Unit - Kilogram (kg) - ‘The quantity of matter in a body.’ The mass of a body is a measure of how difficult it is to start or stop. (a 'body', in this context, means a substance. Any substance: a gas, a liquid or a solid.)

  • The larger the mass, the greater the FORCE required to start or stop it in the same distance.
  • Mass has a big influence on the time and/or distance required to change the direction of a body.
  • Force

    Unit - newton (N) - ‘A push or a pull’. That which causes or tends to cause a change in motion of a body.

    There are four forces acting on an aircraft in flight - pushing or pulling in different directions.


    Unit - newton (N) - ‘The force due to gravity’. ( F = m × g ) where (m) is the mass of the object and (g) is the acceleration due to the gravity constant, which has the value of 9.81 m/s2. (A 1 kg mass ‘weighs’ 9.81 newtons)

    If the mass of a A320 is 65000 kg and F = m × g it is necessary to generate: [65000 kg × 9.81 m/s2] 637650 N of lift force.

    Centre of Gravity (CG)

    The point through which the weight of an aircraft acts.

  • An aircraft in flight rotates around its CG.
  • The CG of an aircraft must remain within certain forward and aft limits, for reasons of both stability and control.
  • Work

    Unit - Joule (J) - A force is said to do work on a body when it moves the body in the direction in which the force is acting. The amount of work done on a body is the product of the force applied to the body and the distance moved by that force in the direction in which it is acting.

    If a force is exerted and no movement takes place, no work has been done.

  • Work = Force × Distance (through which the force is applied)
  • If a force of 10 newtons moves a body 2 metres along its line of action, it does 20 newton metres (Nm) of work. [10 N × 2 m = 20 Nm]
  • A newton metre, the unit of work, is called a joule (J).
  • Power

    Unit - Watt (W) - Power is simply the rate of doing work (the time taken to do work).

  • Power (W) = Force (N) × Distance (m) / Time (s)
  • If a force of 10 N moves a mass 2 metres in 5 seconds, then the power is 4 joules per second.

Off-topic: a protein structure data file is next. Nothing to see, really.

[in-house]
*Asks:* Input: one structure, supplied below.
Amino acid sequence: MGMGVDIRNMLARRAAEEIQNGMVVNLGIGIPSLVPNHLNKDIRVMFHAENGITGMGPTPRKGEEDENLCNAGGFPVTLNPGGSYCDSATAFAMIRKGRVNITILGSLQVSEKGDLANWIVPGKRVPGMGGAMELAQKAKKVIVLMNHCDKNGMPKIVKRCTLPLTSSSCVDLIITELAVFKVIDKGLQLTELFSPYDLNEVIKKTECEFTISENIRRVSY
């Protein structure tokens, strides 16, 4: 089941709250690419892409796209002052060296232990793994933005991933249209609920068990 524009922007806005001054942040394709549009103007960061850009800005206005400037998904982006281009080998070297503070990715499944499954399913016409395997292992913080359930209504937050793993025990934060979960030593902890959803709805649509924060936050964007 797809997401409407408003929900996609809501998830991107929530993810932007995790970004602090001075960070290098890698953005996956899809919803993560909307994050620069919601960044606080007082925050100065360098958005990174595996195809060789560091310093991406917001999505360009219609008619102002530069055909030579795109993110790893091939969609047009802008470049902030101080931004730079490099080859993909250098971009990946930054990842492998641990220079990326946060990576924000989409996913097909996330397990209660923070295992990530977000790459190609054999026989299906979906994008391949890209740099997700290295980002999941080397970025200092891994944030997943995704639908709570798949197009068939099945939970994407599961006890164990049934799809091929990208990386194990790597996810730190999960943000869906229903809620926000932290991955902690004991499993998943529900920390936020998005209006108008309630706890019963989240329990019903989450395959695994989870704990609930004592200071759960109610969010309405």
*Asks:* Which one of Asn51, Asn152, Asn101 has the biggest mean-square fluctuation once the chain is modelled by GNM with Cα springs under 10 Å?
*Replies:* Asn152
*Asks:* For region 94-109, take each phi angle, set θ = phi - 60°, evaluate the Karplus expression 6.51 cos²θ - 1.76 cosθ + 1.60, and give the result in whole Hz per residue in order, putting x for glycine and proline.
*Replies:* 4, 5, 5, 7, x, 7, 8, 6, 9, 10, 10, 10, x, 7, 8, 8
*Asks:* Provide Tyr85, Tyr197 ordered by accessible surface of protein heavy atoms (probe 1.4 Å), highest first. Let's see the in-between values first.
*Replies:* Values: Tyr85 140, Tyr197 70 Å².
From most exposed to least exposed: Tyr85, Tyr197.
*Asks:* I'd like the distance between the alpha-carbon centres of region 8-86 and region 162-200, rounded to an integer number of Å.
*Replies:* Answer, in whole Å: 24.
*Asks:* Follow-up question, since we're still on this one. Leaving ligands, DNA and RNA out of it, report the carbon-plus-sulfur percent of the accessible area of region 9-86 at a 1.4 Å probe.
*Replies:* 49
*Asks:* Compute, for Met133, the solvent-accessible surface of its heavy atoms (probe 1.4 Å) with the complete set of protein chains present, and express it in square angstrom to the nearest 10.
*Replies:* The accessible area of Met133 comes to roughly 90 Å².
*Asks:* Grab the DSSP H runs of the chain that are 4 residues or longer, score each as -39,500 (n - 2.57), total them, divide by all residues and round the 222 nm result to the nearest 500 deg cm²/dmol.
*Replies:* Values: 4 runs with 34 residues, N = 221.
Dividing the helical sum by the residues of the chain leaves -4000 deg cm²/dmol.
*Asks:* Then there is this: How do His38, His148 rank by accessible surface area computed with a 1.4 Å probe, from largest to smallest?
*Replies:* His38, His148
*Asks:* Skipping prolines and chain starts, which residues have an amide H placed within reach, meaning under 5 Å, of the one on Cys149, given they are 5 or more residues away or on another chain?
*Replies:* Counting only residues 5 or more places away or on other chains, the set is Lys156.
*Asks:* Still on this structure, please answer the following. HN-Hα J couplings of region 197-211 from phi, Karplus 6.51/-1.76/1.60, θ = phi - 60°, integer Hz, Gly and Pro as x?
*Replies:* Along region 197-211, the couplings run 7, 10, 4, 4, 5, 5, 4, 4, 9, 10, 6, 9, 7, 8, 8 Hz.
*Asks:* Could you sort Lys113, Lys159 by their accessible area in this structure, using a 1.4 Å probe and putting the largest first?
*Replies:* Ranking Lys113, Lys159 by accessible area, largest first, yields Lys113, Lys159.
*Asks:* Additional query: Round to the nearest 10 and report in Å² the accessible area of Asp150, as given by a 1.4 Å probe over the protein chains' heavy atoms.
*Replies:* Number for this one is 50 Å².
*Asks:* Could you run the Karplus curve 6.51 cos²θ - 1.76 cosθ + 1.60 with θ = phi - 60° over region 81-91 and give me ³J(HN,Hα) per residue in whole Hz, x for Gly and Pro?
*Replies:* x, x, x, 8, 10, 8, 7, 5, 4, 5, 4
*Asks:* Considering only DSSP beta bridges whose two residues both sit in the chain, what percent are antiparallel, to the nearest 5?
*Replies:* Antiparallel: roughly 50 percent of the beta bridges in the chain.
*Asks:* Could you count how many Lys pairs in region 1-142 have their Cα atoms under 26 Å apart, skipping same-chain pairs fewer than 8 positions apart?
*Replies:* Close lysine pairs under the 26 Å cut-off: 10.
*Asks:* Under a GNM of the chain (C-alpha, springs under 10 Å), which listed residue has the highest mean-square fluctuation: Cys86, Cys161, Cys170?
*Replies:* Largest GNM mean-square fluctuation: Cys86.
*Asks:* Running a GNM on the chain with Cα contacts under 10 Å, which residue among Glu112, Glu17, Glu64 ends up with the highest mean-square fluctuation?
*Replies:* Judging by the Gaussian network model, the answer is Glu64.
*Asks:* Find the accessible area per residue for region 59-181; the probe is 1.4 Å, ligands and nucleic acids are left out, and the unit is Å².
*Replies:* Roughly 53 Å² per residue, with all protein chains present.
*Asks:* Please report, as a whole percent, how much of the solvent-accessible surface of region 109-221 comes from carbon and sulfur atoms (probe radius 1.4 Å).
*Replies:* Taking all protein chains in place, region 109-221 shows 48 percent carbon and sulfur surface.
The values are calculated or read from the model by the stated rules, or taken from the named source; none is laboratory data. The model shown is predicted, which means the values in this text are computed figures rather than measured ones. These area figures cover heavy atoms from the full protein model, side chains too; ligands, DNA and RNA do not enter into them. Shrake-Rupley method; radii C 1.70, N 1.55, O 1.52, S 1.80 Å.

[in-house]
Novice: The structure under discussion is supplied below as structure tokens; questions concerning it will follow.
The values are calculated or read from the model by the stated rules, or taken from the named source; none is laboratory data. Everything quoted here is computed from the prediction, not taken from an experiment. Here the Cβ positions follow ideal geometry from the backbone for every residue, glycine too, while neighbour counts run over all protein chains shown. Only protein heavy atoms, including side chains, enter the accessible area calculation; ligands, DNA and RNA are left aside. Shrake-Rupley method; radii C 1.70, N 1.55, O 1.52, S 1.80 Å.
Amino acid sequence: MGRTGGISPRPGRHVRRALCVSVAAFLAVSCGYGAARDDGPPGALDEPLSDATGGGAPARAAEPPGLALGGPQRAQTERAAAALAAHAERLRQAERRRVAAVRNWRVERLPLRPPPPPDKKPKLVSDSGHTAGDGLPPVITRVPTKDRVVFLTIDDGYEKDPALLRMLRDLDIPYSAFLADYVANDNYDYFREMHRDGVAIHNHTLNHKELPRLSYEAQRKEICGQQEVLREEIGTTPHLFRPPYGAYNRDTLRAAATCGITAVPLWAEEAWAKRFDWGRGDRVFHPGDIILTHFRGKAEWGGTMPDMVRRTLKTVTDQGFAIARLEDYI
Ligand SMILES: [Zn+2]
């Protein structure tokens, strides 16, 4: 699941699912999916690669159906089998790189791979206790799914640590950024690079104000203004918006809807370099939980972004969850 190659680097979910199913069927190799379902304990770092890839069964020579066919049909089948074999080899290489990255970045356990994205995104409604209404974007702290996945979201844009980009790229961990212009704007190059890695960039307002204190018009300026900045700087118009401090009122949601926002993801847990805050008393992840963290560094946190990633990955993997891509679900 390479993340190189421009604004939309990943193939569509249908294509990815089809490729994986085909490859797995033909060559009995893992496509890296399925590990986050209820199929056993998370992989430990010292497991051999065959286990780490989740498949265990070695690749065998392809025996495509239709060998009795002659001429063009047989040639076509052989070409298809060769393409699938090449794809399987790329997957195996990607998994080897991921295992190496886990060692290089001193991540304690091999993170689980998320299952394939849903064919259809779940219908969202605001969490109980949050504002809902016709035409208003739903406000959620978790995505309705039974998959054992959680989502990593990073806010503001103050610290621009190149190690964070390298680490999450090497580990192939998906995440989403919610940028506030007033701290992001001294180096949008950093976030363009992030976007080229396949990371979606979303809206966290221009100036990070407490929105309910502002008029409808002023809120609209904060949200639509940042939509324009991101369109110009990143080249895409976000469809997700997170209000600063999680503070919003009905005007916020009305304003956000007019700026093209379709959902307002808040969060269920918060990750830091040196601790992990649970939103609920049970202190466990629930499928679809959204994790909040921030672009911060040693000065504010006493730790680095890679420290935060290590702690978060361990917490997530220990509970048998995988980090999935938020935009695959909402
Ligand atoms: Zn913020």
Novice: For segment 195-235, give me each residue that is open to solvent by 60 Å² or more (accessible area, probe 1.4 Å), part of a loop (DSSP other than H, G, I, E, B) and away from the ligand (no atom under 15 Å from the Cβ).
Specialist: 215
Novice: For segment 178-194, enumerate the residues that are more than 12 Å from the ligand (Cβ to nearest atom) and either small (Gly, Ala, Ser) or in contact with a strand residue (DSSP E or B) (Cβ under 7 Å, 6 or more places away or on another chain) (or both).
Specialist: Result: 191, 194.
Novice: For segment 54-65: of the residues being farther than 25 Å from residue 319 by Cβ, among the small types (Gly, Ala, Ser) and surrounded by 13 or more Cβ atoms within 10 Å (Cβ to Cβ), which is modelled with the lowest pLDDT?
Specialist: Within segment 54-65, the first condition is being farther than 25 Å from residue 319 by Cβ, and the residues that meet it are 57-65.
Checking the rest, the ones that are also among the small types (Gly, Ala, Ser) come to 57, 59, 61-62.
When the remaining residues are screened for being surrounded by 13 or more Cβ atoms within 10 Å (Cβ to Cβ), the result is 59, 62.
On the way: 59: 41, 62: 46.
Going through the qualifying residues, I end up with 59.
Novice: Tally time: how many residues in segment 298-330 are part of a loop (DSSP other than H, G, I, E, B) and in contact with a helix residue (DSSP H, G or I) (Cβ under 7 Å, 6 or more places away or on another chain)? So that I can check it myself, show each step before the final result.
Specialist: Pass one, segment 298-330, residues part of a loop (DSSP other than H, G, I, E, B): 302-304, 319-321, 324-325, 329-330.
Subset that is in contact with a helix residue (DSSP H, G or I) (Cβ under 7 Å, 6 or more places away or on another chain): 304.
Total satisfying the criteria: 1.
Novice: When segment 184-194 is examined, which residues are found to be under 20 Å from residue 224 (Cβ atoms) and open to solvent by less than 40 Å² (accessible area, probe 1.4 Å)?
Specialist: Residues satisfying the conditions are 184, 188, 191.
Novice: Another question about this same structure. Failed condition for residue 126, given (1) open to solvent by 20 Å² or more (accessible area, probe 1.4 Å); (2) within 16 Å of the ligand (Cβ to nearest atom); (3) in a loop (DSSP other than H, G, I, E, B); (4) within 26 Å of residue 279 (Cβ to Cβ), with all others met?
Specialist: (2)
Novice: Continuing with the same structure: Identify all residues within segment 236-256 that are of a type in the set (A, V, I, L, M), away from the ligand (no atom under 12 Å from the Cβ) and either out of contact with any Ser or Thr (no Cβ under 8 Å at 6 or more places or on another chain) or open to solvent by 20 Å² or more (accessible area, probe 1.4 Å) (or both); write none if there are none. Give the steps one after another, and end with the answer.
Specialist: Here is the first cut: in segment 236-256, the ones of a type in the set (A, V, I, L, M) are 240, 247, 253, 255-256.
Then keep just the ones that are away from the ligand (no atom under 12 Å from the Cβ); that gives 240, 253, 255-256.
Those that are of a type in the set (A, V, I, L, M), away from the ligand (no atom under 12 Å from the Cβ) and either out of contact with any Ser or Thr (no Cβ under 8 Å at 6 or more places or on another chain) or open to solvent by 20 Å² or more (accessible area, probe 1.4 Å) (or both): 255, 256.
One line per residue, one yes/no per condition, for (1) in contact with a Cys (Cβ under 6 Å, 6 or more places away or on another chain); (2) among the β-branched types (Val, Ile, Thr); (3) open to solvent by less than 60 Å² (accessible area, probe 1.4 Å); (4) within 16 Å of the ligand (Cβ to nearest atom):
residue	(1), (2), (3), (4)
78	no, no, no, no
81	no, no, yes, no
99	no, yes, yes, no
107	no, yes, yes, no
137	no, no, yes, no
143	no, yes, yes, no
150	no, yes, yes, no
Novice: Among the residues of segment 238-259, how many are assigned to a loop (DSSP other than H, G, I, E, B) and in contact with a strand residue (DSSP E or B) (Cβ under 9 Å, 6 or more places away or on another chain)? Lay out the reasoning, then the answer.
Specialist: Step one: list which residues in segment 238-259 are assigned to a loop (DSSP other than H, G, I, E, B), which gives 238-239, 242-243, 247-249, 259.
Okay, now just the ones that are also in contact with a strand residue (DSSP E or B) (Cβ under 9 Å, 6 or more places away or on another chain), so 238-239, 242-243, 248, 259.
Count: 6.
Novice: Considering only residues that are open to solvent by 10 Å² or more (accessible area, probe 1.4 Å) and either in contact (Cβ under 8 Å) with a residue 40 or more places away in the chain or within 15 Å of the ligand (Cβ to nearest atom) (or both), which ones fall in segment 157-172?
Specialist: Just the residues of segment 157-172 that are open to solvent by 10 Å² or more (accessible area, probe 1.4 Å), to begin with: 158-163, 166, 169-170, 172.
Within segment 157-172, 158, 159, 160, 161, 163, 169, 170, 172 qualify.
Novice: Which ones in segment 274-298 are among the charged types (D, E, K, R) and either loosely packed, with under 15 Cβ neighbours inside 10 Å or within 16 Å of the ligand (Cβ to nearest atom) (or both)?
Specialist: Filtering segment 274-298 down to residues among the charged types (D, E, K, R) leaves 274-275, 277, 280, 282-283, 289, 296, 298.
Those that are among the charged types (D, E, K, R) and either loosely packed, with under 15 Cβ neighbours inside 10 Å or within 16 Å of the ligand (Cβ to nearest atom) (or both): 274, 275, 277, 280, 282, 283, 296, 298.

• A joule per second (J/s) is called a watt (W), the unit of power. So the power used in this example is 4 watts.


    Unit - Joule (J) - Mass has energy if it has the ability to do work. The amount of energy a body possesses is measured by the amount of work it can do. The unit of energy will, therefore, be the same as those of work, joules.

    Kinetic Energy

    Unit - Joule (J) - ’The energy possessed by mass because of its motion’. ’A mass that is moving can do work in coming to rest’.

    KE = ½ m V2 joules

    The kinetic energy of a 1 kg mass of air moving at 52 m/s (100 knots) is 1352 joules; it possesses 1352 joules of kinetic energy. [ 0.5 × 1 × 52 × 52 = 1352 J ]

    From the above example it can be seen that doubling the velocity will have a greater impact on the kinetic energy than doubling the mass (velocity is squared).

    Newton’s First Law of Motion

    ’A body will remain at rest or in uniform motion in a straight line unless acted on by an external force’.

    To move a stationary object or to make a moving object change its direction, a force must be applied.


    ‘The opposition which a body offers to a change in motion’. A property of all bodies, inertia is a quality, but it is measured in terms of mass, which is a quantity.

  • The larger the mass, the greater the force required for the same result.
  • A large mass has a lot of inertia.
  • Inertia refers to both stationary and moving masses.
  • Newton’s Second Law of Motion

    ’The acceleration of a body from a state of rest, or uniform motion in a straight line, is proportional to the applied force and inversely proportional to the mass’.


    Unit - Metres per second (m/s). - ‘Rate of change of displacement’


    Unit - Metres per second per second (m/s2) - ‘Rate of change of velocity’.

    A force of 1 newton acting on a mass of 1 kg will produce an acceleration of 1 m/s2

    Acceleration = Force / Mass

  • For the same mass; the bigger the force, the greater the acceleration.
  • For the same force; the larger the mass, the slower the acceleration.
  • Momentum

    Unit - Mass × Velocity (kg-m/s) - ‘The quantity of motion possessed by a body’. The tendency of a body to continue in motion after being placed in motion.

  • A body of 10 kg mass moving at 2 m/s has 20 kg-m/s of momentum.
  • At the same velocity, a large mass has more momentum than a small mass.
  • Newton’s Third Law

    ‘Every action has an equal and opposite reaction’

  • If a force accelerates a mass in one direction, the body supplying the force will be subject to the same force in the opposite direction.
  • Principles of Flight

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